A recent article with the title “Is the Power Threshold of 0.8 Applicable to Surgical Science? Empowering the Underpowered Study” is being discussed on social media (e.g., Gelman blog).

Neither the authors, not the critics appear to be familiar with the statistical concept of power that is being discussed.

The article mentions Jacob Cohen as the pioneer of power analysis only to argue that his recommendation that studies should have 80% power is not applicable to surgical science.

They apparently didn’t read the rest of Cohen’s book on power analysis or any other textbook about statistical power.

Let’s first define statistical power. Statistical power is the long-run proportion of studies with a statistically significant result that one can expect given the sample size and population effect size of a study and the criterion for statistical significance.

Given this definition of power, we can ask whether an 80% success rate is to high and what success rate would be more applicable in studies with small sample sizes. Assuming that sample sizes are fixed by low frequency of events and effect sizes are not under the control of a researcher, we might simply have to accept that power is only 50% or only 20%. There is nothing we can do about it.

What are the implications of conducting significance tests with 20% power? 80% of the studies will produce a type-II error; that is, the test cannot reject the null-hypothesis (e.g., two surgical treatments are equally effective), when the null-hypothesis is actually false (one surgical procedure is better than another). Is it desirable to have an error rate of 80% in surgery studies? This is what the article seems to imply, but it is unlikely that the authors would actually agree with this, unless they are insane.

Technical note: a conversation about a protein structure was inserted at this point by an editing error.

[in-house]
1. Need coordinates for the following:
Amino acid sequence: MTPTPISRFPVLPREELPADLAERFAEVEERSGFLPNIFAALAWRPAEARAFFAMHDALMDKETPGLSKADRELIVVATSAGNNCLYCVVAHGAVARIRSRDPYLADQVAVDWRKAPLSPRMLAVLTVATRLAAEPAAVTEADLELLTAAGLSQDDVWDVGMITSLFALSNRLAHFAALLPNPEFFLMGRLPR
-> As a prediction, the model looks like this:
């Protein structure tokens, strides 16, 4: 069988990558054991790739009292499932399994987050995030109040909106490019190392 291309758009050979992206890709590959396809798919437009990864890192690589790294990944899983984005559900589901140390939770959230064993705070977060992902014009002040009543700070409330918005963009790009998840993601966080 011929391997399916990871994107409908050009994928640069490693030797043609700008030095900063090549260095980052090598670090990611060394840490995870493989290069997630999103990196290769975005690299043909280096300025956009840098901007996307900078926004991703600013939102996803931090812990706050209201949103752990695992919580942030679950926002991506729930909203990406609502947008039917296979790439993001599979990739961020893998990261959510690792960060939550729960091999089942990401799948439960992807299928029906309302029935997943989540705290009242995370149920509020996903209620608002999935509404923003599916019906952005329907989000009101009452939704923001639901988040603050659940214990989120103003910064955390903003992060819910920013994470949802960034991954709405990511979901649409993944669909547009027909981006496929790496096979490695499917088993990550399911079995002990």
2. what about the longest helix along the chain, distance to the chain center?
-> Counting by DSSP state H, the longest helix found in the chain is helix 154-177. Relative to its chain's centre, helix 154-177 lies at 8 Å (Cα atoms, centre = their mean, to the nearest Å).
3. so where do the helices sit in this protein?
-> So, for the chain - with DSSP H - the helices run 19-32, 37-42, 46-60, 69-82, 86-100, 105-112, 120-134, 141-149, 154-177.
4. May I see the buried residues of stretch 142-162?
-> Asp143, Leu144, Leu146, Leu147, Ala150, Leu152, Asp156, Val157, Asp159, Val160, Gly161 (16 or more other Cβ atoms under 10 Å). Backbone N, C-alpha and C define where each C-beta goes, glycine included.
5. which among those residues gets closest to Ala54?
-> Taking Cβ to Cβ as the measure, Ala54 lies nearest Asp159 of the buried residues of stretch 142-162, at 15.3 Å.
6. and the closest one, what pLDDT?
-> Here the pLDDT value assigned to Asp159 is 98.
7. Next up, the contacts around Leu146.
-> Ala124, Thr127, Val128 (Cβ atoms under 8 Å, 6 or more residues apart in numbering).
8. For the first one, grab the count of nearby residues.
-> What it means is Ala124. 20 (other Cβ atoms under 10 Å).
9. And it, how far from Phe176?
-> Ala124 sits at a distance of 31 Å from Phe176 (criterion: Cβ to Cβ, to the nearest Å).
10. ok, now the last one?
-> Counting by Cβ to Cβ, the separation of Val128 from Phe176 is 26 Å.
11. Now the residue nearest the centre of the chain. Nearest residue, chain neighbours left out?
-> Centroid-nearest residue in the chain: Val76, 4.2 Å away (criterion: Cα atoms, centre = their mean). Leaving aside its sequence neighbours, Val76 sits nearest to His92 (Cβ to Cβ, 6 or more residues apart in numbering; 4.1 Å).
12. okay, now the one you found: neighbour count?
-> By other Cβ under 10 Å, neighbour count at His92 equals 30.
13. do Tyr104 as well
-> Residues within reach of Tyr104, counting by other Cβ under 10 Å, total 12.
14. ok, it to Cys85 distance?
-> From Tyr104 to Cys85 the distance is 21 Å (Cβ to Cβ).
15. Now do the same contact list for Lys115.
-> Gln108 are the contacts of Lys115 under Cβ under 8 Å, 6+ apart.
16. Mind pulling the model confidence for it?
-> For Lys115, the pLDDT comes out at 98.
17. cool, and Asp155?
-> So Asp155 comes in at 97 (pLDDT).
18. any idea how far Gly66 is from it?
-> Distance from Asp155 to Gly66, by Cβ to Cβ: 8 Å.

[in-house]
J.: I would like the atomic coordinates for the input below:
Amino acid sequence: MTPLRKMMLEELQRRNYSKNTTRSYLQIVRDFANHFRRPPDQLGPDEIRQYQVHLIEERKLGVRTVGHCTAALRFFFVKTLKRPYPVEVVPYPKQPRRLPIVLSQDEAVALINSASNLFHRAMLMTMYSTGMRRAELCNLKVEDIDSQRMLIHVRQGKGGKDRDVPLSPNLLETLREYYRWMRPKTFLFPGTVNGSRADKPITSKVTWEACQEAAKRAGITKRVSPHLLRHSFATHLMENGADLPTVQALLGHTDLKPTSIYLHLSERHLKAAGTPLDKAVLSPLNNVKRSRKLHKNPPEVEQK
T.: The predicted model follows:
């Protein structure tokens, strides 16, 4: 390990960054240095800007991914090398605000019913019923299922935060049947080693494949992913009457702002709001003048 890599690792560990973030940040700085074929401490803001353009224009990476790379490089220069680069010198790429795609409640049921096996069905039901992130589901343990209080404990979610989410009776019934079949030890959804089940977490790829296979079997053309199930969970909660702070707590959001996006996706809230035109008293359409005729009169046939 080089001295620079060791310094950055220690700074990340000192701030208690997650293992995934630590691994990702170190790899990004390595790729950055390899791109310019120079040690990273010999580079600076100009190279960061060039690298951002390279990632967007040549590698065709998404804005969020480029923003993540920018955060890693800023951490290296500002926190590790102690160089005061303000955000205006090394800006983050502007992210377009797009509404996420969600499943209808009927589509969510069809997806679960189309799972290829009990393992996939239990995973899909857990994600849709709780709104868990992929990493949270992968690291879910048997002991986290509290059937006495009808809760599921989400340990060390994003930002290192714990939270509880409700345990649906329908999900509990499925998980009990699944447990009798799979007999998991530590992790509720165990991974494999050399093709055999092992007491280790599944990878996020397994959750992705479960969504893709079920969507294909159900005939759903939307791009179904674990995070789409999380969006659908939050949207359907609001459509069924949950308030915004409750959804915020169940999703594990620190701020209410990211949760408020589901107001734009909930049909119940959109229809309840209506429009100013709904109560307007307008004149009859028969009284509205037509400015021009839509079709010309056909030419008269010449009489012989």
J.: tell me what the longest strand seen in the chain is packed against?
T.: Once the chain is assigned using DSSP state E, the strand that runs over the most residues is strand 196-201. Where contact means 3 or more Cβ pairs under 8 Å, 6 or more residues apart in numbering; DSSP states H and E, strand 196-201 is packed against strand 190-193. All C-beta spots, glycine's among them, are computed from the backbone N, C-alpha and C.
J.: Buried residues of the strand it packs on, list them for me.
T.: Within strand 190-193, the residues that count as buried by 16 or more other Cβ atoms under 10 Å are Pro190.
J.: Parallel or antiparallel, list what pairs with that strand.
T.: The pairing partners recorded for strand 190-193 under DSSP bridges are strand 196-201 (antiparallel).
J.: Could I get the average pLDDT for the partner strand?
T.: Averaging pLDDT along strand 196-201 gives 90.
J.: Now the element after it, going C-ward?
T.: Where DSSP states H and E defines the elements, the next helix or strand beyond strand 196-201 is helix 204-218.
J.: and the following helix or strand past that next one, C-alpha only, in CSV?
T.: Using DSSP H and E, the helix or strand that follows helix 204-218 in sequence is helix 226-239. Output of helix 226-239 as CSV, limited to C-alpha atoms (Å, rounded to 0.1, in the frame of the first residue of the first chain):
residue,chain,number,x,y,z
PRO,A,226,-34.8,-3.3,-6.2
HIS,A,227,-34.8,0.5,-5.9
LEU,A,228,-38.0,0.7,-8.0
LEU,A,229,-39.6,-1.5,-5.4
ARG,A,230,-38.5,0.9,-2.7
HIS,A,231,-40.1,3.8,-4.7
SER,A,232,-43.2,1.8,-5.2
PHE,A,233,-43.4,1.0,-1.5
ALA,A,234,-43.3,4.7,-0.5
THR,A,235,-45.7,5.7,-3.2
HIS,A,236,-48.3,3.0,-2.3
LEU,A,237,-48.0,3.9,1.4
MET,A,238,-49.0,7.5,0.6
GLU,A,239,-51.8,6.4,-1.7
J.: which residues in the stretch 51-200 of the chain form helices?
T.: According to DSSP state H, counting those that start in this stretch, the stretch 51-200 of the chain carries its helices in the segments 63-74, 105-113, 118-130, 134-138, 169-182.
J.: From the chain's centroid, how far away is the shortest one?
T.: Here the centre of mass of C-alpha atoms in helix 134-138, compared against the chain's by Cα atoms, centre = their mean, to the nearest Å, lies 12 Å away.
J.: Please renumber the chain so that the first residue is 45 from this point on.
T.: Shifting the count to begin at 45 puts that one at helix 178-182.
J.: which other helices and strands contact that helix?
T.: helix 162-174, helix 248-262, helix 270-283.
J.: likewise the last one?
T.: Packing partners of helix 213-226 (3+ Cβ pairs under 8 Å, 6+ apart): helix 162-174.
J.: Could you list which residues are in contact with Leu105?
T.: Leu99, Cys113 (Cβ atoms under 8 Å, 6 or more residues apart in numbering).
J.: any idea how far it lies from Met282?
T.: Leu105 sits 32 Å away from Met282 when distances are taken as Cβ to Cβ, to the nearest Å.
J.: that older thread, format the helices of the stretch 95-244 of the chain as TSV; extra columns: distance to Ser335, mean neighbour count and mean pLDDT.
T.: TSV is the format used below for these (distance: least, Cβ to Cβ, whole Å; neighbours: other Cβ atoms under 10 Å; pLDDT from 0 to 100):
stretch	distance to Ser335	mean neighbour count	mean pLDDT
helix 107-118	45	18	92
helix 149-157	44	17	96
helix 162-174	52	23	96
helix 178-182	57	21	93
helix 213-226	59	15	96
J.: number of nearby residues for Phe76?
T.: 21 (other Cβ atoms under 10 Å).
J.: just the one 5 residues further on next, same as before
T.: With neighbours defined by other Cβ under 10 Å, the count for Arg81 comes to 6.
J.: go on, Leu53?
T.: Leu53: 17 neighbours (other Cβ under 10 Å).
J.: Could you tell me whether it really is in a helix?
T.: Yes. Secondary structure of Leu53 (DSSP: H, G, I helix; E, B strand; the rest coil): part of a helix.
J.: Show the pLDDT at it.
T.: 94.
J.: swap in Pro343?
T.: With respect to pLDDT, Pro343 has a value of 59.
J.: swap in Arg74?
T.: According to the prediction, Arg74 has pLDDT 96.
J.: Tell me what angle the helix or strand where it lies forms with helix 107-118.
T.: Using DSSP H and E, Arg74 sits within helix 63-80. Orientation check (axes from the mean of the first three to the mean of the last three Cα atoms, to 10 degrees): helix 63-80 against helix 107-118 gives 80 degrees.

So, what the authors are really trying to say is probably something like “some data are better than no data and we should be able to report results even if they are based on small samples.” The authors might be surprised that many online trolls would agree with them, while they vehemently disagree with the claim that we can empower studies with small samples by increasing the type-II error rate.

What Cohen really said was that researchers should balance the type-I error risk (concluding one surgical procedure is better than the other) when this is actually not the case (both surgical procedures are approximately equally effective) and the type-II error risk (the reverse error).

To balance error probabilities, researchers should set the criterion for statistical significance according to the risk of drawing false conclusions (Lakens et al., 2018). In small samples with modest effect sizes, a reasonable balance of type-I and type-II errors is achieved by increasing the type-I risk from the standard criterion of alpha = .05 to, say, alpha = .20, or if necessary even to alpha = .50.

Changing alpha is the only way to empower small studies to produce significant results. Somehow the eight authors, the reviewers, and the editor of the target article missed this basic fact about statistical power.

In conclusion, the article is another example that applied researchers receive poor training in statistics and that the concept of statistical power is poorly understood. Jacob Cohen made an invaluable contribution to statistics by popularizing Neyman-Pearson’s extension of null-hypothesis testing by considering type-II error probabilities. However, his work is not finished and it is time for statistics textbooks and introductory statistics courses to teach statistical power so that mistakes like this article will not happen again. Nobody should think that it is desirable to run studies with less than 50% power (Tversky & Kahneman, 1971). Setting alpha to 5% even if this implies that a study has a high chance of producing a type-II error is insane and may even be considered unethical, especially in surgery where a better procedure may save lives.